Rush Limbaugh

Sandra Fluke Is Her Own Biggest Campaign Donor

By on 7.30.14 | 1:18AM

Sandra Fluke rose to fame after advocating for Obamacare before members of Congress on the grounds that she couldn't afford her own birth control. But just a few years later, she can afford a generous donation to her California State Senate campaign. That's the scoop from a great piece written by Ashe Schow of the Washington Examiner. Per Schow, Fluke donated $12,000 to her campaign and made $4,826.27 in non-monetary contributions. In addition, Fluke loaned her campaign $100,000.

Looking at the raw numbers, Fluke has outraised her opponent, Ben Allen. However, Fluke's own contributions, along with donations from her wealthy in-laws, total 33 percent of her fundraising. Allen's family and personal contributions, on the other hand, only make up 15 percent of his total donations. Schow breaks it down: "[i]f you remove family donations and loans, Allen has raised $330,141. Removing the same from Fluke and she’s only raised $278,859.01."

Reliable Rush Updates

By on 12.31.09 | 6:03PM

Other than Rush Limbaugh's own Web site, a dependable source of information about his health situation in Hawaii is at BobLee Swagger's blog.

Re: Joe Carter, Rush, and Paul Harvey

By on 3.2.09 | 10:52AM


I share your great love of Paul Harvey.  There was something about the way he spoke on the radio that completely captured me.  I can't recall having ever switched him off.  And the thing was, he was just as wonderful talking about the latest Coleman Thermos or Bose Wave Radio as he was talking about the economy.  Surely, the advertisers compensated him well for selling their products so gracefully and so convincingly.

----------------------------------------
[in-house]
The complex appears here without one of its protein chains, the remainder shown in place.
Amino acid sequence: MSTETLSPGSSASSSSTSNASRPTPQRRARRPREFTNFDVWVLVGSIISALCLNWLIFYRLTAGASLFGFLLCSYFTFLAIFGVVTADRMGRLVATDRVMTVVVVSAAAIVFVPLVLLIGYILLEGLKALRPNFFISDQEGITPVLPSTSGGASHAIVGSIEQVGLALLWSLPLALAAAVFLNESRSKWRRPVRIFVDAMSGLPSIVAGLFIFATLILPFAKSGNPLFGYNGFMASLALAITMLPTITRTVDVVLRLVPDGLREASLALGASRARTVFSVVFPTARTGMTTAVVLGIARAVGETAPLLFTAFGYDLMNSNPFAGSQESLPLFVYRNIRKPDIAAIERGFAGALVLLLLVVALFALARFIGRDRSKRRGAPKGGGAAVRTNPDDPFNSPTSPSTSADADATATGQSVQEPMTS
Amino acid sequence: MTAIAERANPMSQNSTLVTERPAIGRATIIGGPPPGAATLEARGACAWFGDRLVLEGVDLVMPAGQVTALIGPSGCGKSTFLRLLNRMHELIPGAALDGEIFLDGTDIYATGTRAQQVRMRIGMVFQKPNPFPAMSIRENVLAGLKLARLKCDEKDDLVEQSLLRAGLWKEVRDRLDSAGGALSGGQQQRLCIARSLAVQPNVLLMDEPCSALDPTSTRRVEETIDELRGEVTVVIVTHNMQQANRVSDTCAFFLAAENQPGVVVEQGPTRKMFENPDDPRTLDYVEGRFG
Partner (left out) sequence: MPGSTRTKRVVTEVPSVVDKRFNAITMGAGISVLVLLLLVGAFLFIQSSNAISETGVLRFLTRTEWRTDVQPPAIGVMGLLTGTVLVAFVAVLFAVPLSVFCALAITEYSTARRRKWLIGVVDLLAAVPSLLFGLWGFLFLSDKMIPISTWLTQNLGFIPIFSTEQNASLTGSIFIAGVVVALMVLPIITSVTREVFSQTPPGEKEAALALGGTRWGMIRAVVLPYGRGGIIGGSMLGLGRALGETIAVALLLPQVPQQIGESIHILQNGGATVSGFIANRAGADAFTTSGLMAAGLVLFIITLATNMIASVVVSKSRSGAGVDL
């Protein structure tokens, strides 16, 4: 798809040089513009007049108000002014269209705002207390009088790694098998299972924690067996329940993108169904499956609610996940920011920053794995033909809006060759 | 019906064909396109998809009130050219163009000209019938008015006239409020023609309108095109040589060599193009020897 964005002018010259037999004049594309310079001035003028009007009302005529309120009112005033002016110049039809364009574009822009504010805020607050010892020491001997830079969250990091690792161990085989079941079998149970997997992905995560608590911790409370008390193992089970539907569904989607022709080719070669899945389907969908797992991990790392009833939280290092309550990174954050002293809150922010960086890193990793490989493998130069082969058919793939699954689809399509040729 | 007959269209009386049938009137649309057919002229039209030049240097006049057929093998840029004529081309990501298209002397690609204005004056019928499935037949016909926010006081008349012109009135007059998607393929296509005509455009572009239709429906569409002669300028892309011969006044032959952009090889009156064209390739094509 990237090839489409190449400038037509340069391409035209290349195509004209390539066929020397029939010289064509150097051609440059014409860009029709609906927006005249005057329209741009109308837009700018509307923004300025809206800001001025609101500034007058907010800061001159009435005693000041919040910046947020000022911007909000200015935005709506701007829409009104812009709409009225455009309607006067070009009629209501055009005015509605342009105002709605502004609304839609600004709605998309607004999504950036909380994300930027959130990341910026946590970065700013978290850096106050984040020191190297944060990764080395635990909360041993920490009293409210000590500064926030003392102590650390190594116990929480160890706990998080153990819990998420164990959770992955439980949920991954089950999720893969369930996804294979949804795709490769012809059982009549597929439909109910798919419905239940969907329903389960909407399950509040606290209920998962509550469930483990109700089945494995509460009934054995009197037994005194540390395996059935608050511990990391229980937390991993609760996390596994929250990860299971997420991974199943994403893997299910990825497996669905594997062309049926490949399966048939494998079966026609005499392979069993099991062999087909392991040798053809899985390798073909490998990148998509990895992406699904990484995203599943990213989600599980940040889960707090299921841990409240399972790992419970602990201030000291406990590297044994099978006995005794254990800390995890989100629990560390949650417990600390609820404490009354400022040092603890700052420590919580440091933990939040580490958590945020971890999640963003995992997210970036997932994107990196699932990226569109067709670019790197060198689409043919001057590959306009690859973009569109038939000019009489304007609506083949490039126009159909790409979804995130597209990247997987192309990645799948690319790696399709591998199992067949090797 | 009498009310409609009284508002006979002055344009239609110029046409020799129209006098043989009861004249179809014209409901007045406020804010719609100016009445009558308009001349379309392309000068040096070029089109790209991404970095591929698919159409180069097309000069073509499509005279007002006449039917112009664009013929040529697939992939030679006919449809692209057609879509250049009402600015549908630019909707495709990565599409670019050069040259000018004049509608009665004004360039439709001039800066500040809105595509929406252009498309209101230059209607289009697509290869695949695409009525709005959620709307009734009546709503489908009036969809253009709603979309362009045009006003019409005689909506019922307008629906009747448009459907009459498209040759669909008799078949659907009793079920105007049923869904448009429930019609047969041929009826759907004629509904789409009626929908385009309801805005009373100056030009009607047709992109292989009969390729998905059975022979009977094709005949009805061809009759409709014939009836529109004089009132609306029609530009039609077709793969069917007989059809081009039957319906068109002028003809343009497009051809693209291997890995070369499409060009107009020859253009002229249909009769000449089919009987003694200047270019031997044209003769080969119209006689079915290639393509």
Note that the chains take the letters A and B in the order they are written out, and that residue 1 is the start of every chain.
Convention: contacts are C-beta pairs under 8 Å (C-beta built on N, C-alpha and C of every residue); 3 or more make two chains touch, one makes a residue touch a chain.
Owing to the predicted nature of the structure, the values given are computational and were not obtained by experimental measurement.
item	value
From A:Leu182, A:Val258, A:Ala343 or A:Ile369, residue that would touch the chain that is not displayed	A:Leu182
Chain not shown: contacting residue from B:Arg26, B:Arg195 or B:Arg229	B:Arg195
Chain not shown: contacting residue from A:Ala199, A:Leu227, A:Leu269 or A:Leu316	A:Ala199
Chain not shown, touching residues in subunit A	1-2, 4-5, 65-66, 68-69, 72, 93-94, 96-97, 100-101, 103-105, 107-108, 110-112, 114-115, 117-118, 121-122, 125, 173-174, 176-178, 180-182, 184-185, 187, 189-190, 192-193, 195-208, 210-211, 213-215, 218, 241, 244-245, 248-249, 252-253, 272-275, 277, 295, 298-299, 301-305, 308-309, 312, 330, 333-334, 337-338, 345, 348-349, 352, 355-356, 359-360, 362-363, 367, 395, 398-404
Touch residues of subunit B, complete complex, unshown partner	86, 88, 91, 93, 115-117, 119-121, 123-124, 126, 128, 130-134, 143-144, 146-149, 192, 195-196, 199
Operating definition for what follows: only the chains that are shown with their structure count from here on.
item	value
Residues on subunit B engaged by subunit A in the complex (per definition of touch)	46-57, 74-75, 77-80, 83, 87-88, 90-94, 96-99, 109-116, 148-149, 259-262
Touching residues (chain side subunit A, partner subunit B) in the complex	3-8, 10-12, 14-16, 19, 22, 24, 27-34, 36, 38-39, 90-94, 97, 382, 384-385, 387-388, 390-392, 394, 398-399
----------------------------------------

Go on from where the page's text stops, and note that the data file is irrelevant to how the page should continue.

Where I differ is with your tone regarding Rush Limbaugh.  Like you, I don't agree with everything he says.  But the man deserves more props than you seem willing to give.  He is more than an entertainer.  He is simply the best talk radio host who has ever lived. 

I don't mean to insult Sean Hannity, but Rush is far better than Hannity in the radio format.  He's far better than anyone toiling in the genre he single-handedly created.  The only thing I don't like about Rush's show is the callers, but he is less likely to lean on them as a crutch than many of his contemporaries. (Note to callers: the point of you being on the air is to entertain the listeners.  Be good.)